magnolia conspicua

From The Collaborative International Dictionary of English v.0.48:

Magnolia \Mag*no"li*a\, n. [NL. Named after Pierre Magnol,
   professor of botany at Montpellier, France, in the 17th
   century.] (Bot.)
   A genus of American and Asiatic trees, with aromatic bark and
   large sweet-scented whitish or reddish flowers.
   [1913 Webster]

   Note: Magnolia grandiflora has coriaceous shining leaves
         and very fragrant blossoms. It is common from North
         Carolina to Florida and Texas, and is one of the most
         magnificent trees of the American forest. The sweet bay
         (Magnolia glauca)is a small tree found sparingly as
         far north as Cape Ann. Other American species are
         Magnolia Umbrella, Magnolia macrophylla, {Magnolia
         Fraseri}, Magnolia acuminata, and Magnolia cordata.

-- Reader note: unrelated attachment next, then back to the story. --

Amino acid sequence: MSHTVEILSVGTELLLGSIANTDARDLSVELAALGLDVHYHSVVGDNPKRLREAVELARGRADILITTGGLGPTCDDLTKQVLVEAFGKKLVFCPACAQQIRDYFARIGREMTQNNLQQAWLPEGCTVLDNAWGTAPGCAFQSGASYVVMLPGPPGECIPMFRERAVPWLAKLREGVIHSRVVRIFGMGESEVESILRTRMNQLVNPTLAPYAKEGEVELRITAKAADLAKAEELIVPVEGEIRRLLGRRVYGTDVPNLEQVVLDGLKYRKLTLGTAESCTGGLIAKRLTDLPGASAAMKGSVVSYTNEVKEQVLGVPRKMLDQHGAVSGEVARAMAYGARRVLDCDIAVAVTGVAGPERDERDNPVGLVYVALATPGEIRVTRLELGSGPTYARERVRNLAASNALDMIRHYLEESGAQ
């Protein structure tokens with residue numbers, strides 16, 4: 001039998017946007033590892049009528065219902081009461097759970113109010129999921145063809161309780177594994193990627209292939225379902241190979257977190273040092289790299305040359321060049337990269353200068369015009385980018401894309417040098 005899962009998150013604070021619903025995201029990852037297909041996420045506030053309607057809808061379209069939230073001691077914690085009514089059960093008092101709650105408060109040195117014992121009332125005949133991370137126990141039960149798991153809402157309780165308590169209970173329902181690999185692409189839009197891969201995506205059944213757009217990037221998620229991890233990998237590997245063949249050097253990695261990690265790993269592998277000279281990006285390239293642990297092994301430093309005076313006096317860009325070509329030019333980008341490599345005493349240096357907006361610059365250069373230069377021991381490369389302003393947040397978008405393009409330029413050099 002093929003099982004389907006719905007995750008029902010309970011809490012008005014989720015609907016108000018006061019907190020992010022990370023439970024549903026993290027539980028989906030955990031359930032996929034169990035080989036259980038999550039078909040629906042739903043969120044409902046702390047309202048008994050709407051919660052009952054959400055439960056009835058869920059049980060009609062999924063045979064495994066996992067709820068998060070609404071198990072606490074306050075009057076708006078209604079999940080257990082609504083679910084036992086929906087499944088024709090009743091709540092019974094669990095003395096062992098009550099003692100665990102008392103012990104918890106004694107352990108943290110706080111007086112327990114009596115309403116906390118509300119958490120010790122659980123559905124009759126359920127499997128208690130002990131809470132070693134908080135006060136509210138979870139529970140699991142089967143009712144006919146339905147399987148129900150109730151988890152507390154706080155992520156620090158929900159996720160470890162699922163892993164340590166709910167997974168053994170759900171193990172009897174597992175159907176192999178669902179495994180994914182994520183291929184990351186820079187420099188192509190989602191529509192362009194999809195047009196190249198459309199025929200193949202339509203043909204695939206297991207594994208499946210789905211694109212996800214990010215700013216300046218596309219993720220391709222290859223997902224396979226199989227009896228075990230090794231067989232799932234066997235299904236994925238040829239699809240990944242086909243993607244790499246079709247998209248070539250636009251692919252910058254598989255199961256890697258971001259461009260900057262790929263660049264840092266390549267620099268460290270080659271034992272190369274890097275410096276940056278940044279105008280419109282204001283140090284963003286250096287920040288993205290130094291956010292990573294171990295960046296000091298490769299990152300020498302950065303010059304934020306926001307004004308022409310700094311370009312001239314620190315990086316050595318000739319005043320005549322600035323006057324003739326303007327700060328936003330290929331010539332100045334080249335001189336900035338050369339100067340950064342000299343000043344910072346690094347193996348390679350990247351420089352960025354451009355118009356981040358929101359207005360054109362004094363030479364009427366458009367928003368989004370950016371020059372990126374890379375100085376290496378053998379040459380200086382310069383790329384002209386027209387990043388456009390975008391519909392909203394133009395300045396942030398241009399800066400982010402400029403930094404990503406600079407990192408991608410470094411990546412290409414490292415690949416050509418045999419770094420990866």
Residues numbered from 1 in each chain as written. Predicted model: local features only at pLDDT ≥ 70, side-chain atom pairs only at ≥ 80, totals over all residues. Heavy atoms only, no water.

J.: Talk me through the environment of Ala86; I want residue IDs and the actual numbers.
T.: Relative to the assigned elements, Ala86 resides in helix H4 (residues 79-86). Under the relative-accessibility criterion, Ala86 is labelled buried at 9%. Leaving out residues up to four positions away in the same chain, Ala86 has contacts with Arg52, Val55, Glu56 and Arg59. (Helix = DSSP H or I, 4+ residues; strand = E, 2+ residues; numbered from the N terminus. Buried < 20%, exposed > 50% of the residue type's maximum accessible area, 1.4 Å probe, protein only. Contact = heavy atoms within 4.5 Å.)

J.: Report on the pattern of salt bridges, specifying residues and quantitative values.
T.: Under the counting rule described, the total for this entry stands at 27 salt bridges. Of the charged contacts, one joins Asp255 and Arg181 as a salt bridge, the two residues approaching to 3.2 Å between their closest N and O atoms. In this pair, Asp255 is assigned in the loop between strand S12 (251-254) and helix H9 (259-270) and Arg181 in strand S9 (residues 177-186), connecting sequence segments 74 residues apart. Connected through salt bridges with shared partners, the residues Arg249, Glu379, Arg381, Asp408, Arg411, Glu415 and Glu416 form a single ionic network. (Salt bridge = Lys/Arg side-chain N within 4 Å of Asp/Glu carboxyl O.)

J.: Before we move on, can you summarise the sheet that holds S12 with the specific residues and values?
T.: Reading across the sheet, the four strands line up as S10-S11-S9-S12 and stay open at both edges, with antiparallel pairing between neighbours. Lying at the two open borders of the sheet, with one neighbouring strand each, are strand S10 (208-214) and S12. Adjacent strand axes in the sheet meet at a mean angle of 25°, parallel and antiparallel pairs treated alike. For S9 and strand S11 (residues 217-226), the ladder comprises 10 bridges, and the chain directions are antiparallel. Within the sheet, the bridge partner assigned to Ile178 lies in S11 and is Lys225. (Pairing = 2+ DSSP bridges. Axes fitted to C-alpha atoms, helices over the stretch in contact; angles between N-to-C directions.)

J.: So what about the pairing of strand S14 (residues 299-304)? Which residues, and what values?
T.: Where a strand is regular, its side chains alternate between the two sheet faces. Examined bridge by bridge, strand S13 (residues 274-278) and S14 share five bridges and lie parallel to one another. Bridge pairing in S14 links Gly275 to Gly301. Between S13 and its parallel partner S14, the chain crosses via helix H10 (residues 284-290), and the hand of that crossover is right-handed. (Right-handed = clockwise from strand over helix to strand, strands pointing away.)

Magnolia conspicua and Magnolia purpurea are
         cultivated shrubs or trees from Eastern Asia. {Magnolia
         Campbellii}, of India, has rose-colored or crimson
         [1913 Webster]

   Magnolia warbler (Zool.), a beautiful North American wood
      warbler (Dendroica maculosa). The rump and under parts
      are bright yellow; the breast and belly are spotted with
      black; the under tail coverts are white; the crown is ash.
      [1913 Webster]

From The Collaborative International Dictionary of English v.0.48:

Yulan \Yu"lan\ ([=u]"l[a^]n), n. (Bot.)
   A species of Magnolia (Magnolia conspicua) with large white
   blossoms that open before the leaves. See the Note under
   [1913 Webster]
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